40. 40. ( ) ( ) 625,515,3759,24515 875,806,2345,19315ˆ − − =β 625,515,3385,686,3 875,806,2175,900,2 − − = 760,170 300,93 = 54638.=
41. 41. ( )12554638.8.99ˆ −=a 3.688.99 −= 5.31=
42. 42. ( )12554638.8.99ˆ −=a 3.688.99 −= 5.31=
43. 43. ( )XY 546.5.31ˆ += ( )89546.5.31 += 6.485.31 += 1.80=
44. 44. ( )XY 546.5.31ˆ += ( )89546.5.31 += 6.485.31 += 1.80=
45. 45. ( )165546.5.31ˆ 129)valueY(Actual7Dealer 7 += = Y 6.121= ( )95546.5.31ˆ )80valueY(Actual3Dealer 3 += = Y 4.83=
46. 46. 99 ˆYYei −= 5.9697 −= 5.0=
47. 47. ( )165546.5.31ˆ 129)valueY(Actual7Dealer 7 += = Y 6.121= ( )95546.5.31ˆ )80valueY(Actual3Dealer 3 += = Y 4.83=
48. 48. 99 ˆYYei −= 5.9697 −= 5.0=
49. 49. ( )119546.5.31ˆ 9 +=Y
50. 50. F-Test (Regression) • A procedure to determine whether there is more variability explained by the regression or unexplained by the regression. • Analysis of variance summary table
51. 51. Total Deviation can be Partitioned into Two Parts • Total deviation equals • Deviation explained by the regression plus • Deviation unexplained by the regression
52. 52. “We are always acting on what has just finished happening. It happened at least 1/30th of a second ago.We think we’re in the present, but we aren’t. The present we know is only a movie of the past.” Tom Wolfe in The Electric Kool-Aid Acid Test .
53. 53. ( ) ( ) ( )iiii YYYYYY ˆˆ −+−=− Partitioning the Variance Total deviation = Deviation explained by the regression Deviation unexplained by the regression (Residual error) +
54. 54. = Mean of the total group = Value predicted with regression equation = Actual value Y Yˆ iY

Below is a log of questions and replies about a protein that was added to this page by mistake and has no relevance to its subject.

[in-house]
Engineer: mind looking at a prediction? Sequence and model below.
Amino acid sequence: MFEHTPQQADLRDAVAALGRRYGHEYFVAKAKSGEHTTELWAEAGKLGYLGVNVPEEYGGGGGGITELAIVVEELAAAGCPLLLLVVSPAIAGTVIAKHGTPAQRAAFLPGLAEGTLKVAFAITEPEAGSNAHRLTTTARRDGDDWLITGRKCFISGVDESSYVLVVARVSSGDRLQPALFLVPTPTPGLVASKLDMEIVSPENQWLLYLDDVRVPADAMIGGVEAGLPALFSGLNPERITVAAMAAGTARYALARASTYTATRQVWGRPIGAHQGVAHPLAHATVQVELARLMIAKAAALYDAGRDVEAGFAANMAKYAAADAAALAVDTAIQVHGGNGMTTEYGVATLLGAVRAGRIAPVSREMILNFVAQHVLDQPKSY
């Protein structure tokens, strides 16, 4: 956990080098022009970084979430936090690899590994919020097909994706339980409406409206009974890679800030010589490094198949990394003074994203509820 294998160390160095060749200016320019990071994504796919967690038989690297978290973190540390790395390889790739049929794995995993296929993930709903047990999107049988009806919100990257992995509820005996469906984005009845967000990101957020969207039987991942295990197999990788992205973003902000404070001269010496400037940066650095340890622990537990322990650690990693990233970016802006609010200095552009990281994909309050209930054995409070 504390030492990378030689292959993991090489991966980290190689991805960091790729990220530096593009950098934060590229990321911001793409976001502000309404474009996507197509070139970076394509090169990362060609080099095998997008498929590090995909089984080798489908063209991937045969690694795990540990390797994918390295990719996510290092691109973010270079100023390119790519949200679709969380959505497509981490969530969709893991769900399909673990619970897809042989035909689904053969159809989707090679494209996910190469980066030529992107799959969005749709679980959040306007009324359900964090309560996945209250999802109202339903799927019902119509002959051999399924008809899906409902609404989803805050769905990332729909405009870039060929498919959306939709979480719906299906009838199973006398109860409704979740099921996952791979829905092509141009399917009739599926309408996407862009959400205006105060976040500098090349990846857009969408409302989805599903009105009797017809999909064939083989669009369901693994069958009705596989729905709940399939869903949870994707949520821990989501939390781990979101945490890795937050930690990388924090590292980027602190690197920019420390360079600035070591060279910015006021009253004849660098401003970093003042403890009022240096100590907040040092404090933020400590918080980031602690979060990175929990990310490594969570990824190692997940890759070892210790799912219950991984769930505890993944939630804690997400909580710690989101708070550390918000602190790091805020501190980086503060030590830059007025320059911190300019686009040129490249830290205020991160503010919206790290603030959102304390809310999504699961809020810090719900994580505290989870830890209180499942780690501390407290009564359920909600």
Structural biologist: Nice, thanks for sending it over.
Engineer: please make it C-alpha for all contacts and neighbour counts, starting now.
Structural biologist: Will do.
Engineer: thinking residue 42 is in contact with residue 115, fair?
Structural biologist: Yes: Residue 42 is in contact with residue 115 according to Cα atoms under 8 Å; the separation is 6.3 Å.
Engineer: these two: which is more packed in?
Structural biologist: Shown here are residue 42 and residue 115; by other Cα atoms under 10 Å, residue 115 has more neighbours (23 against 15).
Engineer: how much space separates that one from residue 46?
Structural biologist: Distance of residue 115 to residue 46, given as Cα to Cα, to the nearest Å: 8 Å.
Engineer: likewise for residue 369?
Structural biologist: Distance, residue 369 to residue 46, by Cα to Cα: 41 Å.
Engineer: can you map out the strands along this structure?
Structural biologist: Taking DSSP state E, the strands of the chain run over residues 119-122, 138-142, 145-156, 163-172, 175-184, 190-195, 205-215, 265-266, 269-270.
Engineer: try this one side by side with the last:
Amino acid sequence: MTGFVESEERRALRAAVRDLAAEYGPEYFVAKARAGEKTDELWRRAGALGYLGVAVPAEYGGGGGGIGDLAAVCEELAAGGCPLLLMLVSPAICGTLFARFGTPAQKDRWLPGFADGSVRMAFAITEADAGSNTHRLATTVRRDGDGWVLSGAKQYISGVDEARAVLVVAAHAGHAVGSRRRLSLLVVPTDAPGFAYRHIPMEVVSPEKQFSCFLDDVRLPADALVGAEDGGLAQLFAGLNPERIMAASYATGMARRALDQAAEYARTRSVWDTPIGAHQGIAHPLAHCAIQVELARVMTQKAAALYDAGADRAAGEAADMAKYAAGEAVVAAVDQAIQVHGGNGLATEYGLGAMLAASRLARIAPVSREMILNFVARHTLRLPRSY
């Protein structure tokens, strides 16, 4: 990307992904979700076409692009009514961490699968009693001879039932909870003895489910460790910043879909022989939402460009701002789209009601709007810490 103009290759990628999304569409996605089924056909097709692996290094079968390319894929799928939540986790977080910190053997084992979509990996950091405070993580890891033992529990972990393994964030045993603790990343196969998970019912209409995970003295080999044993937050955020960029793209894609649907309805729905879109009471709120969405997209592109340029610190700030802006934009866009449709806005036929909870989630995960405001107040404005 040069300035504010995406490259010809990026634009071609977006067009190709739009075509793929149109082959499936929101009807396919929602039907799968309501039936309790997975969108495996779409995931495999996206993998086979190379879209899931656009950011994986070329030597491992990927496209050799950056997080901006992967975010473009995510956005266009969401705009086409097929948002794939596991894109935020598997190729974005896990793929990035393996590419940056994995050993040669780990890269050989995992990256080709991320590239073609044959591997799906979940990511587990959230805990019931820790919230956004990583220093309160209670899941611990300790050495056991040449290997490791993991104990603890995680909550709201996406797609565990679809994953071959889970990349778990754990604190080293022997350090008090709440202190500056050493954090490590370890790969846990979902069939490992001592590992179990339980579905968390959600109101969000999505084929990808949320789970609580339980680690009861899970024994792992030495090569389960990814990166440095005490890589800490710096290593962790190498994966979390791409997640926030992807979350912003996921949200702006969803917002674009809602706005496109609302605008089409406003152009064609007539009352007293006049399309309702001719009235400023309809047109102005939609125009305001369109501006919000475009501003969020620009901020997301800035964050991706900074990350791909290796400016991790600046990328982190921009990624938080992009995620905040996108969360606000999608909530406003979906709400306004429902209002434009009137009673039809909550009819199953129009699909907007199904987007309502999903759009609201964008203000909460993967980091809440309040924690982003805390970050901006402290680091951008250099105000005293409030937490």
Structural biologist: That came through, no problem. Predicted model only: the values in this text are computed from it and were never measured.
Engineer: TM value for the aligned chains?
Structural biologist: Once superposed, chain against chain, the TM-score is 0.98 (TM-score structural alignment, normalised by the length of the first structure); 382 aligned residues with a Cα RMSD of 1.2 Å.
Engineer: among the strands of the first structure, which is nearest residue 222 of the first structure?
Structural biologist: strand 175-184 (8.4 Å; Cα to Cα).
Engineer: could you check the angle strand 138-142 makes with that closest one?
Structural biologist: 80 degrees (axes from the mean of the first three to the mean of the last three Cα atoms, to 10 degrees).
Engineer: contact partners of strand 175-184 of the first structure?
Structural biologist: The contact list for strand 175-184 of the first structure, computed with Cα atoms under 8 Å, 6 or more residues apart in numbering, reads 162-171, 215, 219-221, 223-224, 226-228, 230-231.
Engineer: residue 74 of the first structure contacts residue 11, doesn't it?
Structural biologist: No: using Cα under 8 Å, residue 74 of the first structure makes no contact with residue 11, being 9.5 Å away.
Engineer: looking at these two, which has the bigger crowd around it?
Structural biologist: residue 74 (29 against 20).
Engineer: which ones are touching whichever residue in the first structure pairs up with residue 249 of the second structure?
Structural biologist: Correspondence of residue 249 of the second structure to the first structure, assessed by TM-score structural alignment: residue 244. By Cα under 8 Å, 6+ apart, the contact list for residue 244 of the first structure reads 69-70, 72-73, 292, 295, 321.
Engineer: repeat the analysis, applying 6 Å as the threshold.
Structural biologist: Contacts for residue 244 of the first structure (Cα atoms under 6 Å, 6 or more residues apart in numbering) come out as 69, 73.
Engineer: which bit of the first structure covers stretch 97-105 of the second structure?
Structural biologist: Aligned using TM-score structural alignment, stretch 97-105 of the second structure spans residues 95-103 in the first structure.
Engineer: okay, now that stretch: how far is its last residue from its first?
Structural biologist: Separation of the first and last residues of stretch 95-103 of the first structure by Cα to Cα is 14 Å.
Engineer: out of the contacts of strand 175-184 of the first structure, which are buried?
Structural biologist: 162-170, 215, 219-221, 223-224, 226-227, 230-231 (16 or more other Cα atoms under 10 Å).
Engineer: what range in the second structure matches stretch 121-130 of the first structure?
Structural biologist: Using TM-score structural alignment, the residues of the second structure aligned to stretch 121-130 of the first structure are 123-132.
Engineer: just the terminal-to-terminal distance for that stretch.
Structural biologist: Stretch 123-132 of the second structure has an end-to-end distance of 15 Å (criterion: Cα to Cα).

55. 55. ( ) ( ) ( )∑∑∑ −+−=− 222 ˆˆ iiii YYYYYY Total variation explained = Explained variation Unexplained variation (residual) +
56. 56. SSeSSrSSt += Sum of Squares
57. 57. Coefficient of Determination r2 • The proportion of variance in Y that is explained by X (or vice versa) • A measure obtained by squaring the correlation coefficient; that proportion of the total variance of a variable that is accounted for by knowing the value of another variable
58. 58. Coefficient of Determination r2 SSt SSe SSt SSr r −== 12
59. 59. Source of Variation • Explained by Regression • Degrees of Freedom – k-1 where k= number of estimated constants (variables) • Sum of Squares – SSr • Mean Squared – SSr/k-1
60. 60. Source of Variation • Unexplained by Regression • Degrees of Freedom – n-k where n=number of observations • Sum of Squares – SSe • Mean Squared – SSe/n-k
61. 61. r2 in the Example 875. 4.882,3 49.398,32 ==r
62. 62. Multiple Regression • Extension of Bivariate Regression • Multidimensional when three or more variables are involved • Simultaneously investigates the effect of two or more variables on a single dependent variable • Discussed in Chapter 24
63. 63. Correlation Coefficient, r = .75 Correlation: Player Salary and Ticket Price -20 -10 0 10 20 30 1995 1996 1997 1998 1999 2000 2001 Change in Ticket Price Change in Player Salary